Beyond this simple example, multi-line snippets are also very useful when testing classes that are meant to be subclassed and objects that need several steps of initialization.
As in the previous section, we can use the
Namespace helper class to easily execute
these snippets in a context where the name
Vector is defined. Note that
Namespace.exec returns a dictionary of all the variables defined while executing the
snippet, and we are specifically interested in the value of the
import vector import parametrize_from_file as pff with_vec = pff.Namespace("from vector import *") @pff.parametrize def test_to_vector(given, expected): given = with_vec.exec(given)['obj'] converted = vector.to_vector(given) expected = with_vec.eval(expected) assert converted.x == expected.x assert converted.y == expected.y
Schema argument: Be careful!
Be careful when using
Namespace.eval and especially
Namespace.exec with the schema
parametrize (e.g. via
cast). This can be a convenient way to
clearly separate boring type-munging code from interesting test code, but it’s
important to be cognizant of the fact that schema are evaluated during test
collection (i.e. outside of the tests themselves). This has a couple
Any errors that occur when evaluating parameters will not be handled very gracefully. In particular, no tests will run until all errors are fixed (and it can be hard to fix errors without being able to run any tests).
Even if you only ask to run a single test, the parameters for every test will have to be evaluated. This can take a substantial amount of time if you’ve written snippets that do a lot of work (more likely with
Namespace.eval, but possible with both).
My general recommendation is to only use
Namespace.exec with the
schema argument if the snippets in question don’t involve any code from the
package being tested (e.g. built-ins or third-party packages only). For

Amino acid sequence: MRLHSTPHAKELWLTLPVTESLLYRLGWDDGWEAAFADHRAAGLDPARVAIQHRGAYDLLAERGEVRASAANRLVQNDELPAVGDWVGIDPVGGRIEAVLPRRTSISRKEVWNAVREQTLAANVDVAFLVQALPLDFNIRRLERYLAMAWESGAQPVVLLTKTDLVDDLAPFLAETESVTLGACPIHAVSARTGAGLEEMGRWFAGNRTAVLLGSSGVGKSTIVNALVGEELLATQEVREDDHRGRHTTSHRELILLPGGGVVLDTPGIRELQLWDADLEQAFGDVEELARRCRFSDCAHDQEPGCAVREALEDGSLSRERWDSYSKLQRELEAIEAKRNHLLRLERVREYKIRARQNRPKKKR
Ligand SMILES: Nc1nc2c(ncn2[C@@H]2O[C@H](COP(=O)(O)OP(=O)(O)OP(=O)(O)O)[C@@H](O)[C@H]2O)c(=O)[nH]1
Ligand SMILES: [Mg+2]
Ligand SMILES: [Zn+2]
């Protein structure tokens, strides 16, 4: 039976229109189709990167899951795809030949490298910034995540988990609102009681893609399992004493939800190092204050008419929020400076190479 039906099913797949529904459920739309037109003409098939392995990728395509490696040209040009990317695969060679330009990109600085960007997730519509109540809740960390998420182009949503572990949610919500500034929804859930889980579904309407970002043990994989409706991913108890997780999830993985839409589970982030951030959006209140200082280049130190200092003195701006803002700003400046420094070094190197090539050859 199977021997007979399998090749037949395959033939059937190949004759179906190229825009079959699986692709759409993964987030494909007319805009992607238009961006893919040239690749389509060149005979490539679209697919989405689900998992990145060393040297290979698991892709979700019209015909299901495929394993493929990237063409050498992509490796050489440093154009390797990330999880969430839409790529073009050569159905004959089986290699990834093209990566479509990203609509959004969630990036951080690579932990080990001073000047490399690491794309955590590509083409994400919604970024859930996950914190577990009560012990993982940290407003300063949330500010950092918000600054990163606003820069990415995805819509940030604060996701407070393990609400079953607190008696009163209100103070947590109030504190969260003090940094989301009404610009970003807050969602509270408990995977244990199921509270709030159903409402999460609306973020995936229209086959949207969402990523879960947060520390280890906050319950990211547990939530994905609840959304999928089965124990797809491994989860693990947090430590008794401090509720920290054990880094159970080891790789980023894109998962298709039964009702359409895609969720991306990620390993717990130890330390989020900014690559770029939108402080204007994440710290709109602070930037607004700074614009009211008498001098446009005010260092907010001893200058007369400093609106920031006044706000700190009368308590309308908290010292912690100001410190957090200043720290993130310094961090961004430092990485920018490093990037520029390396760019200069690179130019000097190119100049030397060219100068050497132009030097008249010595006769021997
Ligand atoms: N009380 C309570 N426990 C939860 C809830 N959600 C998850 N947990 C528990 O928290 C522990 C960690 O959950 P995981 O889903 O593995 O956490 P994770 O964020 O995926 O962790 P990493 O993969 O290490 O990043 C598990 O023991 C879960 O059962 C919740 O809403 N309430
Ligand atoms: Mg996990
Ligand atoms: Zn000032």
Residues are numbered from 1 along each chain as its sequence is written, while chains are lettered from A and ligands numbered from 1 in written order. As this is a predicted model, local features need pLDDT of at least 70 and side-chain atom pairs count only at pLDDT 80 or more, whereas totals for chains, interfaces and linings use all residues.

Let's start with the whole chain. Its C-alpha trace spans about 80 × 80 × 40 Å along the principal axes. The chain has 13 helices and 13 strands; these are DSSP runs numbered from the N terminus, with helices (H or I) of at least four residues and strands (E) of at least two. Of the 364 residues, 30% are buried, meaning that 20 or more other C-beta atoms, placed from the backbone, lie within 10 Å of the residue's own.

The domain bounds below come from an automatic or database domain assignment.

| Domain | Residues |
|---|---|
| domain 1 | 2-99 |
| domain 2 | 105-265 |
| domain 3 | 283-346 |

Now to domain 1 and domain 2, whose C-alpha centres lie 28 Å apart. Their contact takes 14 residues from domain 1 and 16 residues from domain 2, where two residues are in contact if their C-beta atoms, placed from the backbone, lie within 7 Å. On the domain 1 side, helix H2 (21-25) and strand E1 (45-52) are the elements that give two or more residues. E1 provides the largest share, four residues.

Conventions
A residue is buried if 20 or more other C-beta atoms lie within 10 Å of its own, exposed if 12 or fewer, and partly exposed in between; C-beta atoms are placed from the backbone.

example, here is a version of
test_dot() that uses a schema:
import vector import parametrize_from_file as pff from pytest import approx with_math = pff.Namespace('from math import *') with_vec = pff.Namespace(with_math, 'from vector import *') @pff.parametrize( # *expected* is just a number, so let the schema handle it. schema=pff.cast(expected=with_math.eval), ) def test_dot(a, b, expected): # *a* and *b* are vectors, so instantiate them inside the test function. a, b = with_vec.eval(a, b) assert vector.dot(a, b) == approx(expected)
A few things to note about this example:
In this case, using a schema isn’t really an improvement over processing the expected value within the test function itself, like we do for the a and b parameters. When it is advantageous to use schema is when you have many test functions with similar parameters. Sharing schema between such functions often eliminates a lot of boiler-plate code.
This also is a good example of how the
Namespaceclass can be used to control which names are available when evaluating expressions. Here we make two namespaces: one for just built-in names (including all the names from the math module), and another for our vector package. This distinction allows us to avoid the possibility of evaluating vector code from the schema.
Vectorexpressions used in these examples are actually a bit of a grey area, because they’re simple enough that (i) they’re unlikely to break in confusing ways and (ii) they won’t significantly impact runtime. If I were writing these tests for a real project, I would probably be ok with having the schema evaluate such expressions. Regardless, the above example shows the “right” way to do things. Use your best judgment.